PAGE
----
CHARLOTTE, N.C. (WBTV) – A Charlotte area man’s death is one of the ten linked to defective airbag inflators, and his widow worries the safety devices aren’t being ‘fixed fast enough.’
Between 35-40 million Takata airbag inflators were recalled as part of an expanded recall that already included nearly 30 million airbags, according to the National Highway Traffic Safety administration.
Joel Knight lived in Lancaster County with his family before he was killed in a car wreck on December 22, 2015.
Investigators said Knight was driving his Ford Ranger pickup when it struck a cow in the road. Knight’s airbag deployed, but Knight died after the coroner said a piece of metal shrapnel pierced through his body and caused him to bleed out.
“It still hurts to know that something that should be saving your life is what caused your death,” said Ann Knight, Joel Knight’s widow.
After his death, the National Highway Transportation and Safety Administration issued a recall on 5 million Takata airbag inflators. Since that time, the recall has expanded to include millions of other inflators in more than one dozen major manufacturers. After the announcement, Ann Knight got a recall letter for her husband’s vehicle.
“Because he died is the reason you had to do a recall on 5 million vehicles and you send me a letter to tell me there’s a recall on the driver’s side of his truck? Well you’re a little too dog gone late,” Knight said.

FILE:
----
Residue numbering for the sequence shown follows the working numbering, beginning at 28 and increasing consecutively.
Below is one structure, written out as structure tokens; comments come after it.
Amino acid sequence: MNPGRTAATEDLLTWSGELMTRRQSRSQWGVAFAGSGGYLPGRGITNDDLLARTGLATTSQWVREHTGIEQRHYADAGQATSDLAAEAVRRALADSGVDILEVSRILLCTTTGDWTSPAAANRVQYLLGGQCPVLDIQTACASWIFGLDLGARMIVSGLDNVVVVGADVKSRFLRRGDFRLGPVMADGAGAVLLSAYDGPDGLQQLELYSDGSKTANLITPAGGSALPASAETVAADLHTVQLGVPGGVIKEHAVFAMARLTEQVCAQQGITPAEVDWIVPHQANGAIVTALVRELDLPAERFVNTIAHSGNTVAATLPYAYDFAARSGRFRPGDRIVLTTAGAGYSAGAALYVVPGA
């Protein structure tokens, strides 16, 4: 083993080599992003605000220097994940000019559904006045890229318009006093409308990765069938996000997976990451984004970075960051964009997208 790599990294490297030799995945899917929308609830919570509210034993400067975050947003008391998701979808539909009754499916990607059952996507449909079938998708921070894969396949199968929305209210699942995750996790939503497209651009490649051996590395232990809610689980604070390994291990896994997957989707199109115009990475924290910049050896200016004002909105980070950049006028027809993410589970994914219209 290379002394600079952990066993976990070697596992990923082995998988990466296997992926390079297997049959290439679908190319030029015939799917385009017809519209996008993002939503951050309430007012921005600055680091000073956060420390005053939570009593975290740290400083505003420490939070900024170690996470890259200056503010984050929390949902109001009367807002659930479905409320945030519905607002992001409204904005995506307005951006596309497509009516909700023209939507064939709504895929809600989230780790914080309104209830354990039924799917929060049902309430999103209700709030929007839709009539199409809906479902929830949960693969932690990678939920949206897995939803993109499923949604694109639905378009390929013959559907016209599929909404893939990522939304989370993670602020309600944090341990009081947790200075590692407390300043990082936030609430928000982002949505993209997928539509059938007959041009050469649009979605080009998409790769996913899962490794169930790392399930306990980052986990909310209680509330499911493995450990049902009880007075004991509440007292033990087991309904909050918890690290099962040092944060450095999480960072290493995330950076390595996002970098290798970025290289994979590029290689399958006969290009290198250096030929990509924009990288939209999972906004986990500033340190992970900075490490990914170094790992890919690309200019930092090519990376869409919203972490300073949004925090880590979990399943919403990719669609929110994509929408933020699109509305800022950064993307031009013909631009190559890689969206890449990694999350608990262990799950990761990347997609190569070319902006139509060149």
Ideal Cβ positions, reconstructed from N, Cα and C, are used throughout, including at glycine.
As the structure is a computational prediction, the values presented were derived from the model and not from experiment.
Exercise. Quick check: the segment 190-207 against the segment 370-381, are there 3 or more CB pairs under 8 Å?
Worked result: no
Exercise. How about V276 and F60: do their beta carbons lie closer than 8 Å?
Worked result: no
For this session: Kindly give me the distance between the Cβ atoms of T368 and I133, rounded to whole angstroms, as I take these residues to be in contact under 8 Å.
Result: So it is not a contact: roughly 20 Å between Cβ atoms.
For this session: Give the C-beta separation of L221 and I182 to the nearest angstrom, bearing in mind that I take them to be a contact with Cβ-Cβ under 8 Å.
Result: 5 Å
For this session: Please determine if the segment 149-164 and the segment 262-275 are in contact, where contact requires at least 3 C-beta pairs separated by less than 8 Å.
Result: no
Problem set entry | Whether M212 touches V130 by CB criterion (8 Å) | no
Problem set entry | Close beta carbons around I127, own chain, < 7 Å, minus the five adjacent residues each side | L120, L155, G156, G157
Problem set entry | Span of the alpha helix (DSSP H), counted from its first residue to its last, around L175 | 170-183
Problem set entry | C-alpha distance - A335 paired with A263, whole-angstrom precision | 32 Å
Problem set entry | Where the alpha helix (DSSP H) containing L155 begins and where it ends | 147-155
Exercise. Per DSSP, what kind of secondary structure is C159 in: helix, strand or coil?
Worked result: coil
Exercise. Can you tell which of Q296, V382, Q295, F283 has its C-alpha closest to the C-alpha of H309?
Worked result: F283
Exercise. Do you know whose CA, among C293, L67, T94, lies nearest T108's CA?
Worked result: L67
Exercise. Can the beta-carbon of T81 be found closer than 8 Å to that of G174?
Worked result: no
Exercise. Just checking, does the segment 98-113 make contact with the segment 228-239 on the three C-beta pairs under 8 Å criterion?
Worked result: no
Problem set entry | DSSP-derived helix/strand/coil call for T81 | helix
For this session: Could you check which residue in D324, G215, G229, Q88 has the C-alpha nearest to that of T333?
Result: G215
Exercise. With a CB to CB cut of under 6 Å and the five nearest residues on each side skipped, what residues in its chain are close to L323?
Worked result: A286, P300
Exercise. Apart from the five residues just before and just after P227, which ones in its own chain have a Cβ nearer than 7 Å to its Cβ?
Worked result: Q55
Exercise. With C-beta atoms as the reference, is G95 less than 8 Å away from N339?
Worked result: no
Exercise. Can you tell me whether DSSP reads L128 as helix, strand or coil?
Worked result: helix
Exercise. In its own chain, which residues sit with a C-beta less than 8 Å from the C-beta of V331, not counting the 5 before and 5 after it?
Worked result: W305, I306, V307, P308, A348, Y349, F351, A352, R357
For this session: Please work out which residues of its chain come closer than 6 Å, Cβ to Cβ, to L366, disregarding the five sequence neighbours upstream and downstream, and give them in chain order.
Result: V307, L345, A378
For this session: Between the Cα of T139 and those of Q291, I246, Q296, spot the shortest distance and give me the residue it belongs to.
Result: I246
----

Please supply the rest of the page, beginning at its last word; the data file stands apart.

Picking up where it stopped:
A Senate Commerce, Science, and Transportation committee has been investigating Takata airbag inflators.
In a February addendum to a 2015 report, the minority committee alleged that “…emails and documents reviewed by committee minority staff reveal a culture within Takata that at a minimum, did not prioritize the safety of its products, and perhaps operated with an utter disregard for safety. Numerous internal documents and emails reference the widespread manipulation of inflator test results…”
Takata has denied claims that it manipulated data relating to the airbag inflator models in question. Knight has filed a lawsuit against Takata and Ford.
Both companies have denied responsibility for Knight’s death. With millions of airbag inflators included in the recall, Ann Knight is encouraging everyone to check what is inside their vehicle.
“I don’t want anyone to go through what we’ve been through, this is horrible, just an airbag,” Knight said.
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